In the case of belief traceability, we want to be able to trace how we've come to believe in something. Being able to trace back to the source of our beliefs allows us to determine if we still want to believe in them. Being able to also determine how a belief affects or generates other beliefs can be quite critical when we are re-evaluating our beliefs at some points in our lives.
Belief traceability starts with making a list of all the beliefs you have. Once you have made this list, you can try to determine if certain beliefs lead to other beliefs. You can also try to figure out if you have conflicting beliefs. You can attempt to associate beliefs with people, either because you think they are the ones that led you to believe something, or because they believe in that belief themselves. You may also have changed beliefs at certain points in your life. As such, it is interesting to create a timeline of your beliefs, where said beliefs are seen as being replaced or evolving over time.
As you get familiar with the process of tracking your beliefs, you will want to update your belief tracking system as you acquire new beliefs. This will allow you to reflect explicitly on what you believe and help you make a thorough analysis of those beliefs.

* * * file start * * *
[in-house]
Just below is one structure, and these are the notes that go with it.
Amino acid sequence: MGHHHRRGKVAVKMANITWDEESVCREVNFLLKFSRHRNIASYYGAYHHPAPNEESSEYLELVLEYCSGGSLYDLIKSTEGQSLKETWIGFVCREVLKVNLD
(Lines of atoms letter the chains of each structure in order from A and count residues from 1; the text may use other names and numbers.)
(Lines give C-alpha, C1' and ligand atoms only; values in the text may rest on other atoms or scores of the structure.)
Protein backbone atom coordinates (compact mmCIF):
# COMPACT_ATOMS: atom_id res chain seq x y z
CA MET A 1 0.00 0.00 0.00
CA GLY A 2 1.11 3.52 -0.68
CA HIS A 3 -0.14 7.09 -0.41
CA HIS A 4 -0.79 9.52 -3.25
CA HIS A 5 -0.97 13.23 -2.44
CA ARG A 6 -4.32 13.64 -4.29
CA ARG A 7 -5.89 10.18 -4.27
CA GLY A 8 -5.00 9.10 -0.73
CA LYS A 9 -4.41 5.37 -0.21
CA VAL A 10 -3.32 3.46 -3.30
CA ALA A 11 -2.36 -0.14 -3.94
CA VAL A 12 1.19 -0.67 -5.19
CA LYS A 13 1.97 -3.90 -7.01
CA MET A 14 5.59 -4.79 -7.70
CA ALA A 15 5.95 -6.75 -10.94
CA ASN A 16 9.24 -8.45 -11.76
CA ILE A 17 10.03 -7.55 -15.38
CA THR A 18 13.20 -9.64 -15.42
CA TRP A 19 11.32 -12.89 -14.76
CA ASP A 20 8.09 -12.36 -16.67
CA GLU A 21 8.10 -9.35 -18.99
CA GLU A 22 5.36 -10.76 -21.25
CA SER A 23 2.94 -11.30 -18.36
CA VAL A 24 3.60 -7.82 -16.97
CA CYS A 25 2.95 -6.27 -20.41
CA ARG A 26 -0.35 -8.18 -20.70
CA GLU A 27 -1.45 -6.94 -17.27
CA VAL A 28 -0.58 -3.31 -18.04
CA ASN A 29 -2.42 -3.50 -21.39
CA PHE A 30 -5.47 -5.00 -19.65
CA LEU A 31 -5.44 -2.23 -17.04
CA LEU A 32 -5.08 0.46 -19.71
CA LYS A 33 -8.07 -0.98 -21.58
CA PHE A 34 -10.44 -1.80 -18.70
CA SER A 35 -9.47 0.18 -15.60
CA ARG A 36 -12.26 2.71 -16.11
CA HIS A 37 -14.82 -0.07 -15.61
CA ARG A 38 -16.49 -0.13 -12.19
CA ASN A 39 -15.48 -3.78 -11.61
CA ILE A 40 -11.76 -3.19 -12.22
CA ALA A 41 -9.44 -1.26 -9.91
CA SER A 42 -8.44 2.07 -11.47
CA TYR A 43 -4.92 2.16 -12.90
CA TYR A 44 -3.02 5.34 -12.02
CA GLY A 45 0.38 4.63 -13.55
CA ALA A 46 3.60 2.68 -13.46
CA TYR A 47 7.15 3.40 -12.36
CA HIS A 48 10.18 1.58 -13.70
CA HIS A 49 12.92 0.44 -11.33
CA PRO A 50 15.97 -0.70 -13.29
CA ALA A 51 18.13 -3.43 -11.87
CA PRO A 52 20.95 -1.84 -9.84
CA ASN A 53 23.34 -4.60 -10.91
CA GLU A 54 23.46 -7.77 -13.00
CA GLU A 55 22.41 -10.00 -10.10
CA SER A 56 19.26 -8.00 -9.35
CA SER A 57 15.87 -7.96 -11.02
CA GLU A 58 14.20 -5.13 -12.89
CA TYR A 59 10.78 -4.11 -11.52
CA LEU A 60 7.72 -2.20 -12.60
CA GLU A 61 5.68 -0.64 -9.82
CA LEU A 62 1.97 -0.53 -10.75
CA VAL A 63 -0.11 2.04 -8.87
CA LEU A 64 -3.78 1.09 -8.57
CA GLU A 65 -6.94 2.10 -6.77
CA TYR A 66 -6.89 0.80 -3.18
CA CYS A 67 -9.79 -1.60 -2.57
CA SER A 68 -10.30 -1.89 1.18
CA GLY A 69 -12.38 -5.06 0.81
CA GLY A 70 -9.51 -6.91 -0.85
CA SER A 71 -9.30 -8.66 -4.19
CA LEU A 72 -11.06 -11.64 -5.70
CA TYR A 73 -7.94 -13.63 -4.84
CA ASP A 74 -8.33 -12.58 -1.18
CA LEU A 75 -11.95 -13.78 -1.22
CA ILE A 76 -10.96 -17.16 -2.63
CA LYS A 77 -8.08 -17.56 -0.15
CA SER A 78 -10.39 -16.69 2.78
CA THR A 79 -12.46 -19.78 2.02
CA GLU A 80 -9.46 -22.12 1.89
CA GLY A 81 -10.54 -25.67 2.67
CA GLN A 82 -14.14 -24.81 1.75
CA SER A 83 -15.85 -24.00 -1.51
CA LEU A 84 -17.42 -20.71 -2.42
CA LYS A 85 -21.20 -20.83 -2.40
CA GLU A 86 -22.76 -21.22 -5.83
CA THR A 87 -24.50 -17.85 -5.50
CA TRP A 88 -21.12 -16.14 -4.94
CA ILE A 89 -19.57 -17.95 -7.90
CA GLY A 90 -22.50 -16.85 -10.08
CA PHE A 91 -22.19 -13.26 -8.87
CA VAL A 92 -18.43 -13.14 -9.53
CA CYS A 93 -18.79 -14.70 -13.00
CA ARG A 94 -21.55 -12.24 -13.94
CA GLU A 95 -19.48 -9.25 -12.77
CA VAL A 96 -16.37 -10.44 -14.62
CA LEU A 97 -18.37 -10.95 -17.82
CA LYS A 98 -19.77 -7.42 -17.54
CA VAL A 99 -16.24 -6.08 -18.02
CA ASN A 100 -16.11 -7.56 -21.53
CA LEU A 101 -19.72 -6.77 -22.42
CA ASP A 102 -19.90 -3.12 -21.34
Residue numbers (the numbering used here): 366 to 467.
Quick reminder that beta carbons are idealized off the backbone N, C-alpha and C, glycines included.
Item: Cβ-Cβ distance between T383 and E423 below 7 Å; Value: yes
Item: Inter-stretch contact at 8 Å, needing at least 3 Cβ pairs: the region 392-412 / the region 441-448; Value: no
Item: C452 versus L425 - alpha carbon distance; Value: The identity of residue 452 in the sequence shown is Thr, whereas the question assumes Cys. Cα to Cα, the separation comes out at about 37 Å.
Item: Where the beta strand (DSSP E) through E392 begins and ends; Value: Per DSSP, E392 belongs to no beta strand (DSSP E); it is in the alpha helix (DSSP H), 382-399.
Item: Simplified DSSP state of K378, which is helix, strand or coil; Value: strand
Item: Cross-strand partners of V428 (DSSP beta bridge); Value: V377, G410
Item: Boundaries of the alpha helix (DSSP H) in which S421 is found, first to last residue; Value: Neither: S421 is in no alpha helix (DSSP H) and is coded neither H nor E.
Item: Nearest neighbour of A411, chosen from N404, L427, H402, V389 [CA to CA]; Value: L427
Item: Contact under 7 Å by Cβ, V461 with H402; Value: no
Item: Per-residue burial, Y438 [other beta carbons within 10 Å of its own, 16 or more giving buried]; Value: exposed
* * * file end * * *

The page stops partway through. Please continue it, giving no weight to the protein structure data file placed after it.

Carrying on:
What is learning according to machine learning?
It is (for supervised learning) looking at numerous samples, decomposing them into input variables and their associated target variable, and deriving according to an algorithm how to predict the target variable given input variables.
It is the (potentially lossy) compression of the observed samples, where the learning algorithm describes the compression/decompression algorithm. The compressed data is the information necessary for the algorithm to make predictions (decompression).